This challenging study analyzes nearly forty superb stories, from mythic narratives predating Columbus to contemporary American Indian fiction, representing every traditional Native American culture area. Developing recent ethnopoetic scholarship and drawing on the critical ideas of Mikhail Bakhtin and Pierre Bourdieu, Karl Kroeber reveals how preconceptions deriving from our hypervisual, print-dominated culture distort our understanding of essential functions and forms of oral storytelling. Kroeber demonstrates that myths do not merely preserve tradition but may transform it by performatively reenacting the concealed sociological and psychological conflicts that give rise to social institutions. Showing how the variability of mythic narrative fosters communal self-renewal, Kroeber offers startling insight into Native Americans' perception of animals as "cultured," their creation of visually unrepresentable tricksters by aural imagining, and the rhetorical means through which oral narratives may not only reflect but even redirect political change. By making understandable the forgotten artistry of oral storytelling, Kroeber enables modern readers to appreciate fully the tragic emotions, hilarious ribaldry, and haunting beauty in these astonishing Native American mythic narratives.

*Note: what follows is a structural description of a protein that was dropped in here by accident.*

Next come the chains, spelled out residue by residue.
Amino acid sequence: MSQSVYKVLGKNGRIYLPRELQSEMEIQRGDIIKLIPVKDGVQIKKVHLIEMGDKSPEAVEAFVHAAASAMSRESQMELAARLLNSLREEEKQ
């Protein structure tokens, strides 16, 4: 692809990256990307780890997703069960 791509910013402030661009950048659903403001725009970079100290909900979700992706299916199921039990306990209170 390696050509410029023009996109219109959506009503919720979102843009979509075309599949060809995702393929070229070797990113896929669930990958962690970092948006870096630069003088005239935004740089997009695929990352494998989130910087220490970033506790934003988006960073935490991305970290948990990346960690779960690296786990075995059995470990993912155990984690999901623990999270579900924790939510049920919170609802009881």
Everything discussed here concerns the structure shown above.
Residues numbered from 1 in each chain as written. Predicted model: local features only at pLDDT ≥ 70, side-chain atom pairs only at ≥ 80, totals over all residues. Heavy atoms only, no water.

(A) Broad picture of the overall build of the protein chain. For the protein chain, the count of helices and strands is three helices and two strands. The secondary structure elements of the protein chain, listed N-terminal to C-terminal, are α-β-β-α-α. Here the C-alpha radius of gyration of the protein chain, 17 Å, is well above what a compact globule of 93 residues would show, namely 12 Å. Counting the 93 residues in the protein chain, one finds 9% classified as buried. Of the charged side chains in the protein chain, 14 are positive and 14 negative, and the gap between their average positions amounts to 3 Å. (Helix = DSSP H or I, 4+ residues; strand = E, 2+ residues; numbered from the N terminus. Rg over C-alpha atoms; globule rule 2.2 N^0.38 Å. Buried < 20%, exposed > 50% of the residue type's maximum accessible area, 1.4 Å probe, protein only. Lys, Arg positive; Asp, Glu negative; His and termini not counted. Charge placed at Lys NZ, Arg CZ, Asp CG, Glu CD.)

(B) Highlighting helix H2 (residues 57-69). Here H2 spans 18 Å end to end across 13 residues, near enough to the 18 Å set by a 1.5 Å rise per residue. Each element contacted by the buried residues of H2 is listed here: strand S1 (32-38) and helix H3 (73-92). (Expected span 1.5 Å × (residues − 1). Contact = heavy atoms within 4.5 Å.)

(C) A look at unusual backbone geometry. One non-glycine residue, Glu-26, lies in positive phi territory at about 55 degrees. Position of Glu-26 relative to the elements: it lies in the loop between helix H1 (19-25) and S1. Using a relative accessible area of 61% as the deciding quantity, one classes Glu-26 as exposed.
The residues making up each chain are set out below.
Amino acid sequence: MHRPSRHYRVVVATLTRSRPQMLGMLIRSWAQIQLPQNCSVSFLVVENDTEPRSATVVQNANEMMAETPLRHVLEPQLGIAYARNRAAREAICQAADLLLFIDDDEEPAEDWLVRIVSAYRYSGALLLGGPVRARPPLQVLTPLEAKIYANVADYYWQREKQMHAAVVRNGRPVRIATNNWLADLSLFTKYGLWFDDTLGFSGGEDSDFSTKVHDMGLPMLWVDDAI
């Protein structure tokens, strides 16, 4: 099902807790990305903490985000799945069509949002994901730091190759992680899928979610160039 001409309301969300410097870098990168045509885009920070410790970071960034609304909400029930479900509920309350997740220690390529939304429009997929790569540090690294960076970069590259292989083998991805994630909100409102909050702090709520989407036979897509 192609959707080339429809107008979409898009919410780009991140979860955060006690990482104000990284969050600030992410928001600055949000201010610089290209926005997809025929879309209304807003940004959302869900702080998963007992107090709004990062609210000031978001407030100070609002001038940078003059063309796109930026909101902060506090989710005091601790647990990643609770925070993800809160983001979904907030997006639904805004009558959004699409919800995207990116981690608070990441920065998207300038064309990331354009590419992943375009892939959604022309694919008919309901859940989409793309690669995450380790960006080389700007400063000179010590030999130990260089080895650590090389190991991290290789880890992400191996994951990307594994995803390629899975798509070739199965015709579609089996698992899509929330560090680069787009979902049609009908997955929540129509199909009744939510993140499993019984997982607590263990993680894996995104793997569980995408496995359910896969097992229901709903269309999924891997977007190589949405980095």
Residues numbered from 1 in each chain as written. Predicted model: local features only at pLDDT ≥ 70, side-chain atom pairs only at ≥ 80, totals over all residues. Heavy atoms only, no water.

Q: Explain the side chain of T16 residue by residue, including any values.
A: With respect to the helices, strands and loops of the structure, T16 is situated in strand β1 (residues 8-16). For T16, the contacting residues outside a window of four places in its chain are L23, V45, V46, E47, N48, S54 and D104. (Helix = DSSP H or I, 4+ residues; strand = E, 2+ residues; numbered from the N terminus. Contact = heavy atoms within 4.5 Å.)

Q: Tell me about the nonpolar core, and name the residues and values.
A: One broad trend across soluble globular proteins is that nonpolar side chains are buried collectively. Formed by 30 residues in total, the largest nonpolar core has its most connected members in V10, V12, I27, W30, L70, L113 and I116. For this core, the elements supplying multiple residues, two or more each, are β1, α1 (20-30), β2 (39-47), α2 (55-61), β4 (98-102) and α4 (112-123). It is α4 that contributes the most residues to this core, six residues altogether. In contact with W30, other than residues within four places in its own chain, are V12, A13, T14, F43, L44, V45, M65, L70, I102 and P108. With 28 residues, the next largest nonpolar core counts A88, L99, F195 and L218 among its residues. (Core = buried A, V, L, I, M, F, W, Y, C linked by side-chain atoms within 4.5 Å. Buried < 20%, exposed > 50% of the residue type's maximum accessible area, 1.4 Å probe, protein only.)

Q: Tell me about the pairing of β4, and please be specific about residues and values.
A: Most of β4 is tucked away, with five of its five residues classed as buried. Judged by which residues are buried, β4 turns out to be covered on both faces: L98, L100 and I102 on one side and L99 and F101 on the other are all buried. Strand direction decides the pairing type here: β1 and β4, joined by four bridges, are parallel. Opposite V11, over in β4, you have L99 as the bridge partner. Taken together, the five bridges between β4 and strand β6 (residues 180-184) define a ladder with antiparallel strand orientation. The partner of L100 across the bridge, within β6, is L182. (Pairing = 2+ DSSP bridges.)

One of the great tribes of the Southwest Plains, the Kiowas were militantly defiant toward white intruders in their territory and killed more during seventy-five years of raiding than any other tribe. Now settled in southwestern Oklahoma, they are today one of the most progressive Indian groups in the area. In Bad Medicine and Good, Wilbur Sturtevant Nye collects forty-four stories covering Kiowa history from the 1700s through the 1940s, all gleaned from interviews with Kiowas (who actually took part in the events or recalled them from the accounts of their elders), and from the notes of Captain Hugh L Scott at Fort Sill. They cover such topics as the organization and conduct of a raiding party, the brave deeds of war chiefs, the treatment of white captives, the Grandmother gods, the Kiowa sun dance, and the problems of adjusting to white society.